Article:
In 2000, Alfred Natali purchase property that was formerly used as a horse farm with an eye toward making wine as a retirement project. Since then, Natali has planted nine of his 22 acres in grapes and has been incrementally planting additional vines. Today that estate fruit produces about 2000 cases annually.
Natali engaged in a process of self-study. More formal education involved courses from U.C. Davis and Cornell. Workshops at Virginia Tech, Rutgers and Penn State further prepared him for his new craft. Subsequently, Natali harvested his first commercial grapes in 2004 and opened his tasting room three years later. Natali Vineyards has since become known as producers of quality dry-style wines and has earned hundreds of medals in competition.
During my most recent visit, I tasted through about ten of the Natali and gained a good sense of the wine program. Real standouts among the whites included the Sauvignon Blanc and Albariño. Both were well-balanced, food-friendly wines. There was also a very solid rosé. The Dolcetto was the most impressive red wine with its firm tannins and bright fruit.
There is also a line of wines that is made in response to customer demand. Local fruit and berries are pressed and fermented. There is a pair of interesting additions to that lineup. Natali is one of the only wineries on the east coast to use aronia berries, which are known as a great source of antioxidants. The local beach plum is also processed and bottled. Natali is likely the only producer of beach plum wine.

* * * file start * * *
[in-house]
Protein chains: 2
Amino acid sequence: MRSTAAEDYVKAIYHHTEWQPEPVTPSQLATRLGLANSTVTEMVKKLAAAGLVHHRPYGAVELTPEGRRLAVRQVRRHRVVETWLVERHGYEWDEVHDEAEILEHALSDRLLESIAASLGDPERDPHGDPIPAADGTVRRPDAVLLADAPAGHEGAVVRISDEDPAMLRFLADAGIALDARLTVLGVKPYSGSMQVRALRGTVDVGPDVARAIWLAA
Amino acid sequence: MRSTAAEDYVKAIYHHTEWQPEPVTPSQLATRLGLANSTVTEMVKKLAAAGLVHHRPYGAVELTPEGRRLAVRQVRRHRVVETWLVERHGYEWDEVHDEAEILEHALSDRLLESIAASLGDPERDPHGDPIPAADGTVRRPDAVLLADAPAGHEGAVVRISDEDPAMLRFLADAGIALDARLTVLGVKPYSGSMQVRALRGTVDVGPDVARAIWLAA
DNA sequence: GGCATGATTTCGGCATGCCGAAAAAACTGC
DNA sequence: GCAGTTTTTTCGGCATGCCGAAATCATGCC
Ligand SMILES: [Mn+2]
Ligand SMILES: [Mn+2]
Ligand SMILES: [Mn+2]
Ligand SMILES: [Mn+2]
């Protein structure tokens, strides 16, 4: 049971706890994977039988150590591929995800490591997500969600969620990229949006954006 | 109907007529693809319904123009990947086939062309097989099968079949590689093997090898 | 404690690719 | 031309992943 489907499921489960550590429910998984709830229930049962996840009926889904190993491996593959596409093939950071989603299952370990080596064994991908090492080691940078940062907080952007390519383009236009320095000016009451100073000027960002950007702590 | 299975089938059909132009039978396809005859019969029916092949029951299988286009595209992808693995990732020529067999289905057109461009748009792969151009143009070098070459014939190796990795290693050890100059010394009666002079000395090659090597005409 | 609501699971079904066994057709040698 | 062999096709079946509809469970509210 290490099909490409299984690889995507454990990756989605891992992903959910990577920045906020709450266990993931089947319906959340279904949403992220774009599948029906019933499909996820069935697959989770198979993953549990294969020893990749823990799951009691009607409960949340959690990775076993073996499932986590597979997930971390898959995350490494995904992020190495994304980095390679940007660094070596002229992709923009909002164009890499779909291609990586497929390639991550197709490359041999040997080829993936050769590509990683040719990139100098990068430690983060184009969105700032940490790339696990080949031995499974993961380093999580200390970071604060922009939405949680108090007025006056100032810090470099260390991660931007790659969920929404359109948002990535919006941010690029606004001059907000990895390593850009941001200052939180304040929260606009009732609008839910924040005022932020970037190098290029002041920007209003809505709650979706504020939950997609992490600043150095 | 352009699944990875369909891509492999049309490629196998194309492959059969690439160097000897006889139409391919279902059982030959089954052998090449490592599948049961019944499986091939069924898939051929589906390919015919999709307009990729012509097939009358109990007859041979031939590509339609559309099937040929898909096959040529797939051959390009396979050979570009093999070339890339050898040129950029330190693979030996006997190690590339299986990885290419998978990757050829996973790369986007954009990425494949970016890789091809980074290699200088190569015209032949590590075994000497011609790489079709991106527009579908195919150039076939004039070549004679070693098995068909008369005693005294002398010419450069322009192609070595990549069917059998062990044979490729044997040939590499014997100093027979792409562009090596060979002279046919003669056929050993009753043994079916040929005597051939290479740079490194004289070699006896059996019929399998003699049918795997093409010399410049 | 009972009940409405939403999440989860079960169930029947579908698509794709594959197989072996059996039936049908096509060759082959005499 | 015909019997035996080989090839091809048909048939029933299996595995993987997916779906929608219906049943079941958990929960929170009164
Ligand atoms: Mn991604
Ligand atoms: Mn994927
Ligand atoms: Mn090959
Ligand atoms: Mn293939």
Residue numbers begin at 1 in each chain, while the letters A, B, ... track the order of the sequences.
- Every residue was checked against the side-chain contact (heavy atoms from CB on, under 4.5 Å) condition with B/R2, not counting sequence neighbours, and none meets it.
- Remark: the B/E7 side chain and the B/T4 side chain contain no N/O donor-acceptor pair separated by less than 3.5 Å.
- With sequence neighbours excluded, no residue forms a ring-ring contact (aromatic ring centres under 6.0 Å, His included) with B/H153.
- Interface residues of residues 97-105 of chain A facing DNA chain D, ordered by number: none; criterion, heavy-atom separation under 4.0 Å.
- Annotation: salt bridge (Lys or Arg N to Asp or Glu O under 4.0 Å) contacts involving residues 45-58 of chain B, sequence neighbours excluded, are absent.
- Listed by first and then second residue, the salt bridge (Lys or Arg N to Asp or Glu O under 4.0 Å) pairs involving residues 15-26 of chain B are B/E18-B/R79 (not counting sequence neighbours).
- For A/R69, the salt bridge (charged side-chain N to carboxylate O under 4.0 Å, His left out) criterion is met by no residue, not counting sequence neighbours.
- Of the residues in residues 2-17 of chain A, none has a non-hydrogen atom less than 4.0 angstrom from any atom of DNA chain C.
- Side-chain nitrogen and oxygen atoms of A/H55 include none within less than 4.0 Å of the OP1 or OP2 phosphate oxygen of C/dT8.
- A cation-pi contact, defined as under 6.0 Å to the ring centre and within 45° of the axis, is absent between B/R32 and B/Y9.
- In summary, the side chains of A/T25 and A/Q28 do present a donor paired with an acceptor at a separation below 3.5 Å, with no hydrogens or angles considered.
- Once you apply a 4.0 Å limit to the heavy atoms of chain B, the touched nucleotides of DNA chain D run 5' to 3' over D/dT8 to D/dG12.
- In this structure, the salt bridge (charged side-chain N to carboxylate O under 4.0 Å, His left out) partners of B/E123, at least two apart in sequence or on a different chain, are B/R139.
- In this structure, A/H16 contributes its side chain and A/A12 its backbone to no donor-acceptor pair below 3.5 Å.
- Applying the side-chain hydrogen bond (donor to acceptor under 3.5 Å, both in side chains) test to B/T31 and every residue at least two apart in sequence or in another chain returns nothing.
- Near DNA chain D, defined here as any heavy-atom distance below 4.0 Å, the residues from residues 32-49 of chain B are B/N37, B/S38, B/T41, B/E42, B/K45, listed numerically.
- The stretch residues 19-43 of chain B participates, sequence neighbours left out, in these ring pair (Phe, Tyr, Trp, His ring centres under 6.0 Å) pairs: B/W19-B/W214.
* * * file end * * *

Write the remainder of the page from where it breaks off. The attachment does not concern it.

If you are down on Cape May, Natali Vineyards should be one of your stops. It is a fun little winery producing some excellent grape wines and a few others that you simply can’t find elsewhere. So after you visit, please let me know what you think.
Owner(s): Ollie Tomasello
Winemaker: Ollie Tomasello
Open to Public
Daily 11 to 5
570 N 1st Rd, Hammonton, NJ 08037
phone: (609) 567-4633
Plagido's Winery Profile
Written by Brian—Aug 1, 2018
The goal of owner/winemaker Ollie Tomsello is to create a venue where the customers are treated like family. Tomesello is also committed to crafting high-quality artisan wines exclusively from estate fruit. It is fair to say that he has succeeded on both counts.
Plagido’s Winery is located in Southern New Jersey near the town of Hammonton. Planting of the 15 acres of grapes began in 1999. Ten varieties are harvested annually to produce the Plagido’s lineup. I counted a total of 20 wines that range from dry to sweet.
When I walked in to the tasting room, Alex was behind the bar. She had been with Plagido’s for about a year. Alex was knowledgeable and extremely focused on customer experience.